The Picture of Grace. Moroccan women are beautiful!, my husband tells me. In 15 years of marriage, this is the first time he has said the unsayable, done the undo-able (admired another woman from afar... whilst I was "a-near"). But because he spoke the truth, I could not clobber him for it.
French Word-A-Day @ Twitter!
Here in France, my doctor says, we have a surplus of the H1N1 vaccine. In America, I tell her, even our president is waiting in line for it.
objectif (owb-jek-teef) noun, masculine
1. lens (of camera) 2. objective, target
Ils étaient à l'aise face à l'objectif.
They were at ease in front of the (camera's) lens.
A Day in a French Life...
by Kristin Espinasse
I don't go anywhere anymore without my camera. It hangs on my person like an oxygen mask. Just like missing a breath, I am afraid I will miss life if I am not able to capture it in digits and indulge in its dramatic detail bit by bit.
Pixel by pixel, I love to indulge in architecture and nature, but I am most passionate about the lines and the landscape of humans, strangers...
Cela dit,* I rarely photograph l'homme* because in the time it would take to ask permission -- the stranger's spirit escapes when natural expression gives way to "do I look okay?"
I called Mama Jules in Mexico to tell her about my photo periple* through Morocco:
I said, "A man shouted at me, 'No! No! No!' "
Mom explained, from experience, that Moroccans do not like to have their picture taken:
"...for as I learned while living in France back in 1997 - Moroccans do not like to be photographed! I was lounging on my favorite bar stool one night in my hangout in the Moroccan part of your village of St. Maximin... I was 51-years-old and liked to celebrate each day with "Pastis 51". I always walked around the village with my camera hanging around my neck, but one night I made the mistake of lifting the camera up in this bar (the interior was all black and white, hundreds of great photos on the walls) very chic, the owner was from Paris and he and his wife were absolutely beautiful and very sophisticated. When the flash from my camera exploded in this little bar -- everyone dropped for cover under the tables and to the floor! That's when I began to learn the difference between my life and theirs...."
Next, Mom told me a story about the Native Americans from my native Arizona:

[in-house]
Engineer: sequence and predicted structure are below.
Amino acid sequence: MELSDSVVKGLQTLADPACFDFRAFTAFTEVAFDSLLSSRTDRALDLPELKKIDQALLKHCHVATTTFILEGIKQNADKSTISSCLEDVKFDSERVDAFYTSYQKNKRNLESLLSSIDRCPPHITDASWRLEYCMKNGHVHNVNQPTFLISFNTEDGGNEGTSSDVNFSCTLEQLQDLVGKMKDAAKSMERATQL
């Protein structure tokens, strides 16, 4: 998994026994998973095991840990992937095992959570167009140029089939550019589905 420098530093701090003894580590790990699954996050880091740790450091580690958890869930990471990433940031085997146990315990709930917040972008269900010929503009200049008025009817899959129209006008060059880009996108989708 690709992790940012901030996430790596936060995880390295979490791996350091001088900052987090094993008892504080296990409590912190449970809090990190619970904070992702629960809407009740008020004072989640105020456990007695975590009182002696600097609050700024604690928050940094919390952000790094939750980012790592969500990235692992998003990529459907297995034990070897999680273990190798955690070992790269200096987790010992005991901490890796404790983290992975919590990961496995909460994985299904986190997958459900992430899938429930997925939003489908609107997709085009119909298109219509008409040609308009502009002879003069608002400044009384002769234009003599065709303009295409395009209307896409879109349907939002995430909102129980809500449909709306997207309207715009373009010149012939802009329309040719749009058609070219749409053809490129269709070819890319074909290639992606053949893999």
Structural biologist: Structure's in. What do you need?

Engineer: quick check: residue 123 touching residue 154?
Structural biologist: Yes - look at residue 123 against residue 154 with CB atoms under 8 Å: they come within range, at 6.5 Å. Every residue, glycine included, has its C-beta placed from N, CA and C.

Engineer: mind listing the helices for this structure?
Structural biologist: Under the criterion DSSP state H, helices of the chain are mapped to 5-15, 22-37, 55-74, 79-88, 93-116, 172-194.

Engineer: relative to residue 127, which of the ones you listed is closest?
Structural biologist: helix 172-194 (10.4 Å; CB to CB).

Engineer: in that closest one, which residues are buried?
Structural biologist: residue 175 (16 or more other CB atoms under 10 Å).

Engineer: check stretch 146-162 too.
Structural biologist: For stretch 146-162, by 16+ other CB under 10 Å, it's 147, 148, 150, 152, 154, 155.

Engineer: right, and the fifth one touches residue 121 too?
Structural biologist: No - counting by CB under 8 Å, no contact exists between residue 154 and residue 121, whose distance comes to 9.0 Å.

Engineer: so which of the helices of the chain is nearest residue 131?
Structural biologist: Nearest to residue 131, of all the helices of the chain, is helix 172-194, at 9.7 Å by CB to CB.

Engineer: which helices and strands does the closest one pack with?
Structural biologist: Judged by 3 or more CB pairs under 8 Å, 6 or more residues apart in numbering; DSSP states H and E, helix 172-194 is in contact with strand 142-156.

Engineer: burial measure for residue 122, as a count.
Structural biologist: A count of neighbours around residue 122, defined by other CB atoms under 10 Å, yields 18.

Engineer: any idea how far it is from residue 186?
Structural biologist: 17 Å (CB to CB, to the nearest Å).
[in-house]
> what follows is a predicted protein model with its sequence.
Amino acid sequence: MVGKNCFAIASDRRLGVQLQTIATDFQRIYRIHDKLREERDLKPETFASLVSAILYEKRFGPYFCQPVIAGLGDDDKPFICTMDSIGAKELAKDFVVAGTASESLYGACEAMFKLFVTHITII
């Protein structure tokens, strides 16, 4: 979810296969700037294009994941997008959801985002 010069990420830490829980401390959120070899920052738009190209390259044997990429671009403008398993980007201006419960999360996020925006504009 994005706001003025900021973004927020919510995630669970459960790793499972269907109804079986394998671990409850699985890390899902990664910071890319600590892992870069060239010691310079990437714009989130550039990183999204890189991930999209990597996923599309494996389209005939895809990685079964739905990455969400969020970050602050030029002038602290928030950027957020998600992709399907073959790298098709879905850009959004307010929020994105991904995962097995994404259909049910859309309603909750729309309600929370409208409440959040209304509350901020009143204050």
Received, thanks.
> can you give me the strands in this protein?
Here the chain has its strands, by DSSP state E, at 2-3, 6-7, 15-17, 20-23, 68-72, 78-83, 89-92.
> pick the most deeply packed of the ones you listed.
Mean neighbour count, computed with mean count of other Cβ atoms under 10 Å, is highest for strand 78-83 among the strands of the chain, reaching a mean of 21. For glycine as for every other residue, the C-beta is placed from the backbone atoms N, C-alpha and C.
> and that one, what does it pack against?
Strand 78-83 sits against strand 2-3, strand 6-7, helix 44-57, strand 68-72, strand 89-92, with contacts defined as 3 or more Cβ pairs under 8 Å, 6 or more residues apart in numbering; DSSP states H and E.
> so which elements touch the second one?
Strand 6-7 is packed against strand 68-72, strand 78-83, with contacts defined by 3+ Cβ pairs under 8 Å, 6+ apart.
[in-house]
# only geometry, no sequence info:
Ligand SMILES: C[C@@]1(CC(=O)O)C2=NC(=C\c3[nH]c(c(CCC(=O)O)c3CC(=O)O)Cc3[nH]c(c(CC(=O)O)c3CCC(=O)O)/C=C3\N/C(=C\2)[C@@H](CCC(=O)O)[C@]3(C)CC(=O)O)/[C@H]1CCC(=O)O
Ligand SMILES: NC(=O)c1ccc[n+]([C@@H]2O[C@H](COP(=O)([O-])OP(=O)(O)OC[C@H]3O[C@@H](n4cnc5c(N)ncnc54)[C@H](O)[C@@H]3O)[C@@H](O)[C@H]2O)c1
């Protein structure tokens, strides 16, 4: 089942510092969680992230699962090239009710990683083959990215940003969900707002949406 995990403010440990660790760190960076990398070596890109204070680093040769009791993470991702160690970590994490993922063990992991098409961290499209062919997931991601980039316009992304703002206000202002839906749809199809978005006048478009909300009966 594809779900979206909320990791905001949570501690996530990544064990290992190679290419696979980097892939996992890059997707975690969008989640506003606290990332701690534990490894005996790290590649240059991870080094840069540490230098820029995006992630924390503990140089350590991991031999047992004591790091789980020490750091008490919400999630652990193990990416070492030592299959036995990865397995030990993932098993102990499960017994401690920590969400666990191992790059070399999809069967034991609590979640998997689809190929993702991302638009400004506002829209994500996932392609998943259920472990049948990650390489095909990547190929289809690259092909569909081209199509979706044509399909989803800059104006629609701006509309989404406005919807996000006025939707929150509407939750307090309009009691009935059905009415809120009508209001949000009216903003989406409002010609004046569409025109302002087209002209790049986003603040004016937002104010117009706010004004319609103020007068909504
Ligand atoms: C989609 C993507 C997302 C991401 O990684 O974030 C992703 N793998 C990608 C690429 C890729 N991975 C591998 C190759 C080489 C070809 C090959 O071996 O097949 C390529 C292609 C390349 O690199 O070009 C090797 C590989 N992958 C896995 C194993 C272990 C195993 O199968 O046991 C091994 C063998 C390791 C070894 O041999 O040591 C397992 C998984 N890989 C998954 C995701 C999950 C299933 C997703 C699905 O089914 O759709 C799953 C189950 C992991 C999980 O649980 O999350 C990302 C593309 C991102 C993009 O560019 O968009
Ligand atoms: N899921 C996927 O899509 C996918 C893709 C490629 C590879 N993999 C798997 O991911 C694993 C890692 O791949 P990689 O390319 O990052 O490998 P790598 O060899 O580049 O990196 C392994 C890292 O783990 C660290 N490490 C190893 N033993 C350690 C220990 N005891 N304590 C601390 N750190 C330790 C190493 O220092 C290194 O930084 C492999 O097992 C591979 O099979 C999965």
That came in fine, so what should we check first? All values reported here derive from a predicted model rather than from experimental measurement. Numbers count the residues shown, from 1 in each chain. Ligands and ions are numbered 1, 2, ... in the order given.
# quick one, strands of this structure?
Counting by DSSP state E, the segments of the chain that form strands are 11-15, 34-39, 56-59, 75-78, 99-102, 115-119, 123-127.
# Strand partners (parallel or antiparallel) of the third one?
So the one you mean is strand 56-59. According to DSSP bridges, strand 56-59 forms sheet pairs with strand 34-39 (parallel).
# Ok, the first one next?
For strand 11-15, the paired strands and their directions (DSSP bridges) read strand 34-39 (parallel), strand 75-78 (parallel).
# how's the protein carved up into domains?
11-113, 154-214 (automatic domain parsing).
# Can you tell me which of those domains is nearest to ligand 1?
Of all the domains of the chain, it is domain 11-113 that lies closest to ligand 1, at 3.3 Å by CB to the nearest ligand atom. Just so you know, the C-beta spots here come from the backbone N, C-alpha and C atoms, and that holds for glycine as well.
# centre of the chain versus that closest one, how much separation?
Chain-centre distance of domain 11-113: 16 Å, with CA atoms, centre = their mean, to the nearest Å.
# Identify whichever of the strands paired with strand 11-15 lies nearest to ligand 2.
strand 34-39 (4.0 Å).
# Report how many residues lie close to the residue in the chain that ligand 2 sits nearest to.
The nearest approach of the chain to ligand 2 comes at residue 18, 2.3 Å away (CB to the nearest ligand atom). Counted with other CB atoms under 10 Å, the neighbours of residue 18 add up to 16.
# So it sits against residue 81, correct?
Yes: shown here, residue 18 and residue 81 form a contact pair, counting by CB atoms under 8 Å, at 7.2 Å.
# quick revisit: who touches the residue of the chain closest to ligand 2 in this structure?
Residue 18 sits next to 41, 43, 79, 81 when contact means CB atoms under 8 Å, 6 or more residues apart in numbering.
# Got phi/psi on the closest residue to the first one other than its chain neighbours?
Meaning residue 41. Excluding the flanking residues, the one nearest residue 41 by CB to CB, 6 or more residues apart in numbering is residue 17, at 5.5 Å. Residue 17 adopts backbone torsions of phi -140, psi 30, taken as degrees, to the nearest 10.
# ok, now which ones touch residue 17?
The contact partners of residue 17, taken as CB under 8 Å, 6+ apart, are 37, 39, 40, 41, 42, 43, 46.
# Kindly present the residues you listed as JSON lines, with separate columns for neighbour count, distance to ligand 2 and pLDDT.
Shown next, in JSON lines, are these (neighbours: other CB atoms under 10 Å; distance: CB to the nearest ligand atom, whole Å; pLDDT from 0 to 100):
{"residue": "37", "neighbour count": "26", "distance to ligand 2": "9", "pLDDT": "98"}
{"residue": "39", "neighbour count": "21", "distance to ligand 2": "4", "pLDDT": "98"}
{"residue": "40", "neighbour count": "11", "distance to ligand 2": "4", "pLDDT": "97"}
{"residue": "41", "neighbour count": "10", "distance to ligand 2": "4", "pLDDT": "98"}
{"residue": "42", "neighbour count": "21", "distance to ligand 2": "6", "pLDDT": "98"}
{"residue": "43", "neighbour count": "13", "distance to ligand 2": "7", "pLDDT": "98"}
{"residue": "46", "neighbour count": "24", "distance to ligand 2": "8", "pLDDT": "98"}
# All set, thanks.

...it has been said that American Indians feel that the lens steals their âme*....
I had wondered about that gut-feeling I got back in Morocco; indeed, each time I lifted my camera, it felt as though I were lifting a weapon: not a stone or a bow and arrow: but a "soul-snatcher" capable of wounding... like a rock to a sparrow.
Comments are the best part of French Word-A-Day! Mom and I read each and every comment... and Dad checks in to see where you all are writing in from (so please list your city next to your name :-)
cela dit = that said; l'homme (m) = man; le périple (m) = journey, voyage; une âme (f) = soul; la droguerie (f) = hardware store; un objectif (m) = camera lens
Le Creuset Enameled Cast Iron 2 Quart Moroccan Tagine:
Though I brought back a traditional terracotta tagine (one requiring coals...), I already have my eyes fixed on this modern version (which works with any stove top!). Santa Claus, are you listening?
Cooking at the Kasbah: Recipes from My Moroccan Kitchen:
Moroccan food features the delicious flavors and health benefits of other Mediterranean cuisines...
Un, Deux, Trois: First French Rhymes:
...a collection of 25 traditional nursery rhymes for children
French Exambusters Study Cards:
Over 1500 questions and answers written by certified teachers and professional translators with a focus on exam preparation.
How to say "tailspin" in French?....
"La Chasse Queue" (The Tail Chase) : Smokey's new favorite thing to do (with all that energy he's been building up since the attack) is to chase his own tail (missing, I'm afraid, from this photo -- it was hard to keep my camera's lens focused while laughing at my puppy's aerial antics... all that jumping and spinning!). To the right of his broken face, you'll see his healing cheek. He reminds me of Al Pacino in Scarface. Maybe it's the cheekbone (one is much higher than the other now. Perhaps it is just the swelling?).
Still in the mood to read? Check out Eliane's delightful message over at the Sullivan's blog (her words are in French and English -- an excellent way for us to grow our French!).
Thank you for the time you've spent reading my column. If you have learned more than a little vocabulary here and find yourself looking forward to the next story, please know that ongoing support from readers like you helps me continue doing what I love most: sharing these missives from France. Your support is vivement apprécié! Donating via PayPal is fast and easy when you use the links below. Merci infiniment! Kristi